Inner cities' brightest children to be helped

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The Independent Online

Education Correspondent

Gifted children in inner-city schools are to be given extra support under a government-funded programme aimed at raising standards in the poorest areas. The initiative could form part of a wider school improvement drive which includes efforts by both schools inspectors and the Teacher Training Agency to find ways of boosting teachers' and pupils' performances.

A small-scale project to be run this year by the Support Society for Children of High Intelligence (CHI) could be followed by a much larger one in a year's time. The National Association for Gifted Children, which has branches all over the country, is hopeful of winning a pounds 300,000 government grant over five years to support the brightest children.

With extra teacher training to help staff to identify and support the ablest 5 per cent, officials hope that others in these schools will also have their sights raised. In schools where many pupils are not high achievers, those with great potential often become bored. The main aim is to help them but it is hoped that they will then go on to motivate others and to push up standards in their schools.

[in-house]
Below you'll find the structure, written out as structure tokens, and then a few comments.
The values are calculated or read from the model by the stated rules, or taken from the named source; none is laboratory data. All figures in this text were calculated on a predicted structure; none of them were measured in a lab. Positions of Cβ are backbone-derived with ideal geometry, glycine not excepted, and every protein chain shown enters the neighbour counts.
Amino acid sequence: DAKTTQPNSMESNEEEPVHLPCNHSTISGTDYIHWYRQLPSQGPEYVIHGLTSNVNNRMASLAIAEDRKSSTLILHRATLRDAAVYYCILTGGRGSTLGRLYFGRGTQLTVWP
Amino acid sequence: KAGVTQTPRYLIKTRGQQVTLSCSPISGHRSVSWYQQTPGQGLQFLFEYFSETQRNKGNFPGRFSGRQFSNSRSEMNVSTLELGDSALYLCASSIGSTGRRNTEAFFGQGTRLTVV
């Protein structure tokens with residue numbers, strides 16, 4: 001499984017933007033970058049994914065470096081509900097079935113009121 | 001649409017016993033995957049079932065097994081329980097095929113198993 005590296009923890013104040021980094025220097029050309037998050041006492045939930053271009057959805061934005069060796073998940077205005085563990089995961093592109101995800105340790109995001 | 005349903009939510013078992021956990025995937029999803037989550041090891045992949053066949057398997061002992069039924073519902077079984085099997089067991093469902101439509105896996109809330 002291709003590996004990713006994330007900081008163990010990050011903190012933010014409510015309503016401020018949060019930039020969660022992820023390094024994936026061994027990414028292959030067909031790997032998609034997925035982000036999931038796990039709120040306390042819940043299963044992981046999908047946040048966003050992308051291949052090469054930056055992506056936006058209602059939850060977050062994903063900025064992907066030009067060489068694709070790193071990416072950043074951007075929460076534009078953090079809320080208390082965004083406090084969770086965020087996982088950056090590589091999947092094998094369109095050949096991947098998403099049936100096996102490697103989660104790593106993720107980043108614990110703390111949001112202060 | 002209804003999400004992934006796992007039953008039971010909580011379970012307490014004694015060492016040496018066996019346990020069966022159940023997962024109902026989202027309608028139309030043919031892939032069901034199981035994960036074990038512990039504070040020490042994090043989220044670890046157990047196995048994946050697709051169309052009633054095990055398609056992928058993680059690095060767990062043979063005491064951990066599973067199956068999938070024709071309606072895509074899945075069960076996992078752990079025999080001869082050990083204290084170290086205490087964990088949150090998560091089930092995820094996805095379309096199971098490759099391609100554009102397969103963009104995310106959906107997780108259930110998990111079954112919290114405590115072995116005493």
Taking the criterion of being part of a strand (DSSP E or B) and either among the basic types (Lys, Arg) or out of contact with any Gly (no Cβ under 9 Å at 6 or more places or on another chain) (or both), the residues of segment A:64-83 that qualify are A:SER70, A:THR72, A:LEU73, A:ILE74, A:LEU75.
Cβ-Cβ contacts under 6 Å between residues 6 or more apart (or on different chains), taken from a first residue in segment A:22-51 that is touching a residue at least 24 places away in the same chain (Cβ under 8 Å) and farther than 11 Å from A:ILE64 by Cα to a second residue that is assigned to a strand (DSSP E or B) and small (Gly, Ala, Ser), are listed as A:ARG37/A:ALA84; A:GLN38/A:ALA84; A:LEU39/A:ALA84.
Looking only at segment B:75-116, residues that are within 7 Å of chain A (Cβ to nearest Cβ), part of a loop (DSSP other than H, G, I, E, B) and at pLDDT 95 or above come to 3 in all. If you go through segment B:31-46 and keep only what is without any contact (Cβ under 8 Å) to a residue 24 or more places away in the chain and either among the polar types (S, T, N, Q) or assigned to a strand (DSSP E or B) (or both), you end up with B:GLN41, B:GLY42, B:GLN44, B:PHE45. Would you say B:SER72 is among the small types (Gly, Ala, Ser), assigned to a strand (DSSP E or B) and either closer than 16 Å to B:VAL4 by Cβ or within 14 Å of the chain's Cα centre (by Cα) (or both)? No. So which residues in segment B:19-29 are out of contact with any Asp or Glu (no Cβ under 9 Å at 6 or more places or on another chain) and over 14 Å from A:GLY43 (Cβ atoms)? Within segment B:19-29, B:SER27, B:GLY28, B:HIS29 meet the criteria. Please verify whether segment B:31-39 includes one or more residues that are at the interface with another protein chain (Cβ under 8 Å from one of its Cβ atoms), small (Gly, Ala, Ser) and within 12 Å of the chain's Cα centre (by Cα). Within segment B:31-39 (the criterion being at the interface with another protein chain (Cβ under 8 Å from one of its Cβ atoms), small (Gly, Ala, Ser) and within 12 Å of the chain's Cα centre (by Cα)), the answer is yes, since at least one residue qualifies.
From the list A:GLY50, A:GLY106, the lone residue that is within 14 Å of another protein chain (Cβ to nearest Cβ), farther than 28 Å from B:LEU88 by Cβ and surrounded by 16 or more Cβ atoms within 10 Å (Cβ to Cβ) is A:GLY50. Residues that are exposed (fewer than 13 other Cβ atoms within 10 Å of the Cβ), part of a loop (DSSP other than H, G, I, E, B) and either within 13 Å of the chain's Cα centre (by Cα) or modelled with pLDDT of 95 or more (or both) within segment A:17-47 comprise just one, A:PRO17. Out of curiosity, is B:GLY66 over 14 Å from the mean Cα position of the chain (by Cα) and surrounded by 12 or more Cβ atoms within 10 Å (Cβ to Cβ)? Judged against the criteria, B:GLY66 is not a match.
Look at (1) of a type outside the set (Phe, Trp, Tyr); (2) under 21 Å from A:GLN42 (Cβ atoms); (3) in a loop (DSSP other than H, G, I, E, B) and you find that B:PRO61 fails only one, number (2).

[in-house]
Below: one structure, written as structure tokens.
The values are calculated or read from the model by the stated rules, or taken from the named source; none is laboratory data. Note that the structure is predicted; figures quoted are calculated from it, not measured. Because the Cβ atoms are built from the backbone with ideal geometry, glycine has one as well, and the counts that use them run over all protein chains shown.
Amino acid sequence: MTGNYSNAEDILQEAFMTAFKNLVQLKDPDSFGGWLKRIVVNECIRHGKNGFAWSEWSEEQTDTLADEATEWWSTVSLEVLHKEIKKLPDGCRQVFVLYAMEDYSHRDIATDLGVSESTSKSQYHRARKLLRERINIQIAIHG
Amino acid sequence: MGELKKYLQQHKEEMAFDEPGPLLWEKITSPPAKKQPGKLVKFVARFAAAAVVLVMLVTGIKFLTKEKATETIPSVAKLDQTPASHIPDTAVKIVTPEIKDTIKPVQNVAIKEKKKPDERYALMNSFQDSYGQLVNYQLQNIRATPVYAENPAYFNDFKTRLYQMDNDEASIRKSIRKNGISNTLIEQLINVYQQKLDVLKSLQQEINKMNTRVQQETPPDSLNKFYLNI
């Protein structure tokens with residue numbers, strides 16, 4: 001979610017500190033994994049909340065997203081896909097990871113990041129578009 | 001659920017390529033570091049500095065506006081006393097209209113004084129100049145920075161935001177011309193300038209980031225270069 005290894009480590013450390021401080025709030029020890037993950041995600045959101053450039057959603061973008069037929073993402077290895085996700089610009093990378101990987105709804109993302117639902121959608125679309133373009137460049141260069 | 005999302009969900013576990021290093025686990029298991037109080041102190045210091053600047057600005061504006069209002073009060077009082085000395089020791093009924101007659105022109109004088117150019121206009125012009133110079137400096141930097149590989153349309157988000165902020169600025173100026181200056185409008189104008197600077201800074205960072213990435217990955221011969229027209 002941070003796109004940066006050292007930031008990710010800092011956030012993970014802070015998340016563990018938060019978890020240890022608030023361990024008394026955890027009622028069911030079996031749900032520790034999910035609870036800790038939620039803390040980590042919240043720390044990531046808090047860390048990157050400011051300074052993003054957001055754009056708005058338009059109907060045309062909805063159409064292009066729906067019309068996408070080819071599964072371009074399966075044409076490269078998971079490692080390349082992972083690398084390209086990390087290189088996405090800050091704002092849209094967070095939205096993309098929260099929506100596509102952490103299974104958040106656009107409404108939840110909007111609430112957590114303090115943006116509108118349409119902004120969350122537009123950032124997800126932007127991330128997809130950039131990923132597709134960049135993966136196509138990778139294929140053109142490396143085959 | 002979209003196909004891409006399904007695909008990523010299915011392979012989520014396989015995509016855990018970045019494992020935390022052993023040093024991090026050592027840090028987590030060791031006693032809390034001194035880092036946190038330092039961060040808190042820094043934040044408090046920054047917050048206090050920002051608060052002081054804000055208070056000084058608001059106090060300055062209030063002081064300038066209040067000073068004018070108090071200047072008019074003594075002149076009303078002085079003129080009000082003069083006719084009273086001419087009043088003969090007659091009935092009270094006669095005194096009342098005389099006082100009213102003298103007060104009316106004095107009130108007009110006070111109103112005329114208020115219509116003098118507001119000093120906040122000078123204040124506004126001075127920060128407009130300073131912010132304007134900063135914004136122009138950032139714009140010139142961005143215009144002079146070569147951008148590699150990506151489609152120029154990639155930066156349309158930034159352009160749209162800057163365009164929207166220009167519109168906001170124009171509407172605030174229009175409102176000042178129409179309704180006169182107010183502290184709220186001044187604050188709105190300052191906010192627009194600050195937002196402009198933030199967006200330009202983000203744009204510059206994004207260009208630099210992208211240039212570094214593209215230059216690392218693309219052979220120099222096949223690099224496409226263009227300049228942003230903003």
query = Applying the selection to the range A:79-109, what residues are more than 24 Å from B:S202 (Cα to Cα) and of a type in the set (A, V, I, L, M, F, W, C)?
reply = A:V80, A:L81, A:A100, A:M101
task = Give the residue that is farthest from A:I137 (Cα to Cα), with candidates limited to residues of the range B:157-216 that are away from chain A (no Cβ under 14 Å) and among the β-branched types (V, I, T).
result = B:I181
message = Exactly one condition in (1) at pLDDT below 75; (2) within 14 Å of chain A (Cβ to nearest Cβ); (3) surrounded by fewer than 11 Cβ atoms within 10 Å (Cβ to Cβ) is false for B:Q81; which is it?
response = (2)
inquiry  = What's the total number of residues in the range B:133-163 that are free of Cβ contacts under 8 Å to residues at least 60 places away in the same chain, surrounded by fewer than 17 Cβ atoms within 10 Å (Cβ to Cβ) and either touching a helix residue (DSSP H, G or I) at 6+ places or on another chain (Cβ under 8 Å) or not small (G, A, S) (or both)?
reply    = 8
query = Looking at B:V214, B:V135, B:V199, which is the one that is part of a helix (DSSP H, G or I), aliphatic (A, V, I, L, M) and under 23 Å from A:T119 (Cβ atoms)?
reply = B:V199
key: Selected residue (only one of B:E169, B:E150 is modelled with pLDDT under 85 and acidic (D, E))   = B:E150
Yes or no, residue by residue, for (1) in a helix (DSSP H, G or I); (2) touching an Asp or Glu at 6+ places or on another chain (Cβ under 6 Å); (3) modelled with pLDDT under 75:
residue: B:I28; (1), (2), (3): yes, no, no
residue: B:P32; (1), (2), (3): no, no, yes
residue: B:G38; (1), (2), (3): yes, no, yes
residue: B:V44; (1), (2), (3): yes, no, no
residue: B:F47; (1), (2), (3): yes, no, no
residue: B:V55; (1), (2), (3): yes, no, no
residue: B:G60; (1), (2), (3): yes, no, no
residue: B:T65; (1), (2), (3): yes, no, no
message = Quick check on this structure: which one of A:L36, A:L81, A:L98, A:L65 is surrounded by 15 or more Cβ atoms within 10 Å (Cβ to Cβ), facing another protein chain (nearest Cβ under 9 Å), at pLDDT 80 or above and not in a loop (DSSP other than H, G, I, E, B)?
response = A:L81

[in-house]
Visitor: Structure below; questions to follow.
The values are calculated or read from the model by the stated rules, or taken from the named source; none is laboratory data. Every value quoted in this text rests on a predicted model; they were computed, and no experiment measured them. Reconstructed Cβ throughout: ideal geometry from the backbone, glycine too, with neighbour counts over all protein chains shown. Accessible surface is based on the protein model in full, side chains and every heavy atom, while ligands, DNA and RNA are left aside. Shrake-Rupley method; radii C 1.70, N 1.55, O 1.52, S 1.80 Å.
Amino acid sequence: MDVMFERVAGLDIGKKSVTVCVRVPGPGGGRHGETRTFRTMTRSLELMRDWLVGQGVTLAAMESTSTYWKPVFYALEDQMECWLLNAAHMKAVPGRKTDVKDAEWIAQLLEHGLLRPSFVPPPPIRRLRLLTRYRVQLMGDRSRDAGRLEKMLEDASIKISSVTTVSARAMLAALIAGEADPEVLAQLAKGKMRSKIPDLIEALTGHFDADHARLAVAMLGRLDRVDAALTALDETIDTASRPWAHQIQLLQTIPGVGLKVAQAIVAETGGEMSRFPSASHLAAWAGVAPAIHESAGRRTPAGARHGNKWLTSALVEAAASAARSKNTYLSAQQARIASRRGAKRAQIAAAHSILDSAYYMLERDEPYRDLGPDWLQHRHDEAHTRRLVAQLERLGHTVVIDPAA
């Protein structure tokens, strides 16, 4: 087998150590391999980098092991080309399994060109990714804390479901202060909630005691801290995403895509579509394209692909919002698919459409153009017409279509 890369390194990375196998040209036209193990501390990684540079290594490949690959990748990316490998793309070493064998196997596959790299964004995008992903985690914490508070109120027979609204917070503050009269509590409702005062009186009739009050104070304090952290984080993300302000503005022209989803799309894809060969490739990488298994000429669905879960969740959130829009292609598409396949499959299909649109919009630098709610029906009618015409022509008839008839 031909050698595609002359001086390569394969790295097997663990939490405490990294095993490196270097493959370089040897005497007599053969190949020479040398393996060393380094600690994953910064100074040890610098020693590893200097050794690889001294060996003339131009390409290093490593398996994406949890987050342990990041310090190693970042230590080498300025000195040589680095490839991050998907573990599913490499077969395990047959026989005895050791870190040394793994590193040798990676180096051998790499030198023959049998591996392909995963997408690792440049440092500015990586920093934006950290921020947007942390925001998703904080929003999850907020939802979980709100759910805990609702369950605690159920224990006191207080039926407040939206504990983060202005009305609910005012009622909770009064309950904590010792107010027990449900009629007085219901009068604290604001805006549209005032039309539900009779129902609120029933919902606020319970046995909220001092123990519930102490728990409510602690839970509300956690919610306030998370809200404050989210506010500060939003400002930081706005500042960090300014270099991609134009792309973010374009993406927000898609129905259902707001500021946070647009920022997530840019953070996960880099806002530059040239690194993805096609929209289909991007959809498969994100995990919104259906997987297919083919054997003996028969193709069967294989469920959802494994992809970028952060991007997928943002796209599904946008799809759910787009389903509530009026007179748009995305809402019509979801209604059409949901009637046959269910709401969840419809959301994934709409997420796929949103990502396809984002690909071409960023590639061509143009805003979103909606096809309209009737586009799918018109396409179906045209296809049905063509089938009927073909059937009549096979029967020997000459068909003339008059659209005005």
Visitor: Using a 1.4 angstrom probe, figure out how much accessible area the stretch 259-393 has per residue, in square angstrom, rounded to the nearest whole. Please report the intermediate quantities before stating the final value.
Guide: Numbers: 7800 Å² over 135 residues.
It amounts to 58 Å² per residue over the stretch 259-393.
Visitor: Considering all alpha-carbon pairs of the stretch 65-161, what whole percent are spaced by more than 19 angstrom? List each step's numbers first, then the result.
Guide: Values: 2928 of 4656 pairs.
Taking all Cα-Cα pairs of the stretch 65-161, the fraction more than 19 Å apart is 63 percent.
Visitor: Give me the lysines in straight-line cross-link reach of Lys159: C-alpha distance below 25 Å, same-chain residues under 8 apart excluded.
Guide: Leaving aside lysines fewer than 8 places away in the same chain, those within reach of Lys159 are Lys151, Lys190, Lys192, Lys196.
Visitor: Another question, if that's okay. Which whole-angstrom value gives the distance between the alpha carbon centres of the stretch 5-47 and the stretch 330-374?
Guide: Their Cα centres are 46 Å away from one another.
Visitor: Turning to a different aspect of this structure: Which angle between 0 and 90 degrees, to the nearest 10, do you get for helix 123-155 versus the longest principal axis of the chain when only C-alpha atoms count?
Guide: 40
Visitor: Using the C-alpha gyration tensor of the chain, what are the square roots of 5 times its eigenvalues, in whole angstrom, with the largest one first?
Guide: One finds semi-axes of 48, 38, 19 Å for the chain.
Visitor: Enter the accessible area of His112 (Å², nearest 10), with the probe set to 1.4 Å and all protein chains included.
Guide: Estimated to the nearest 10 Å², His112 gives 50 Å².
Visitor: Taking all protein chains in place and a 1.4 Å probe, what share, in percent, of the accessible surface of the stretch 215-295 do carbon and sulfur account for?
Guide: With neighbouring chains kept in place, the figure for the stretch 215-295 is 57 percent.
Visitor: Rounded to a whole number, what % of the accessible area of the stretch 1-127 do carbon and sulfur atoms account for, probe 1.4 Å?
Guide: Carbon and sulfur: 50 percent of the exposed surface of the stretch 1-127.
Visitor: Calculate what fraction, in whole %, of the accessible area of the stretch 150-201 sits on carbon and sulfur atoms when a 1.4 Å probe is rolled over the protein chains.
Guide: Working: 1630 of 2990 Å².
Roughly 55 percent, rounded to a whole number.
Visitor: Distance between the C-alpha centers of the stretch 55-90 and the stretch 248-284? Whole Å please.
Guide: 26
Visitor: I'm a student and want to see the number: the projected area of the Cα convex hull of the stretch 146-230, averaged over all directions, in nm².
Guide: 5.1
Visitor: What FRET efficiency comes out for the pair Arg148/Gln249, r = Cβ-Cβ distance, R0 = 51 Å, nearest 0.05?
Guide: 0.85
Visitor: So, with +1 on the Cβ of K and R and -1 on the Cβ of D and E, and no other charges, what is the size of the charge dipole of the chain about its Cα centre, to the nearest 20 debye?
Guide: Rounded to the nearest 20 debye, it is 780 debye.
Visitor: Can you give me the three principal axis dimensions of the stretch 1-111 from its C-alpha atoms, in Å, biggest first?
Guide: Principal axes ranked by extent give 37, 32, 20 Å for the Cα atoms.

While most such projects concentrate on school management and on finding inspired headteachers, this new approach will work from the bottom up.

The CHI, which has been awarded a pounds 5,000 grant to be spent before next April, is working with Westminster City Council to identify teachers who would like to know more about working with very able children.

The society has devised an intelligence test with which to select the brightest pupils. Both teachers and pupils will then be invited to join classes already being run by the society on Saturday mornings.

The children, aged between 6 and 12, will spend much of the time in the computer room at Brunel University, where they will have access to the Internet as well as to educational computer programmes. The teachers will learn through observation about how to help the children's development.

John Walker, CHI chairman, said: "The ministry are looking to try to raise standards in schools, and inner-city ones are generally regarded as depressed. This has never been done - there has always been an attempt to pull standards up from the top but that is much harder work."

The National Association for Gifted Children, which already receives pounds 21,000 per year from the Department for Education and Employment, will hear within a few weeks whether its new bid has been successful.

Its director, Peter Carey, said it aimed to track children through their school careers and to give support and training to teachers. "We are very concerned about able children who drop out. We suspect that the drop-out rate is much greater in socially deprived areas where parents and even teachers may not be so on-the-ball about identifying and providing for these children," he said.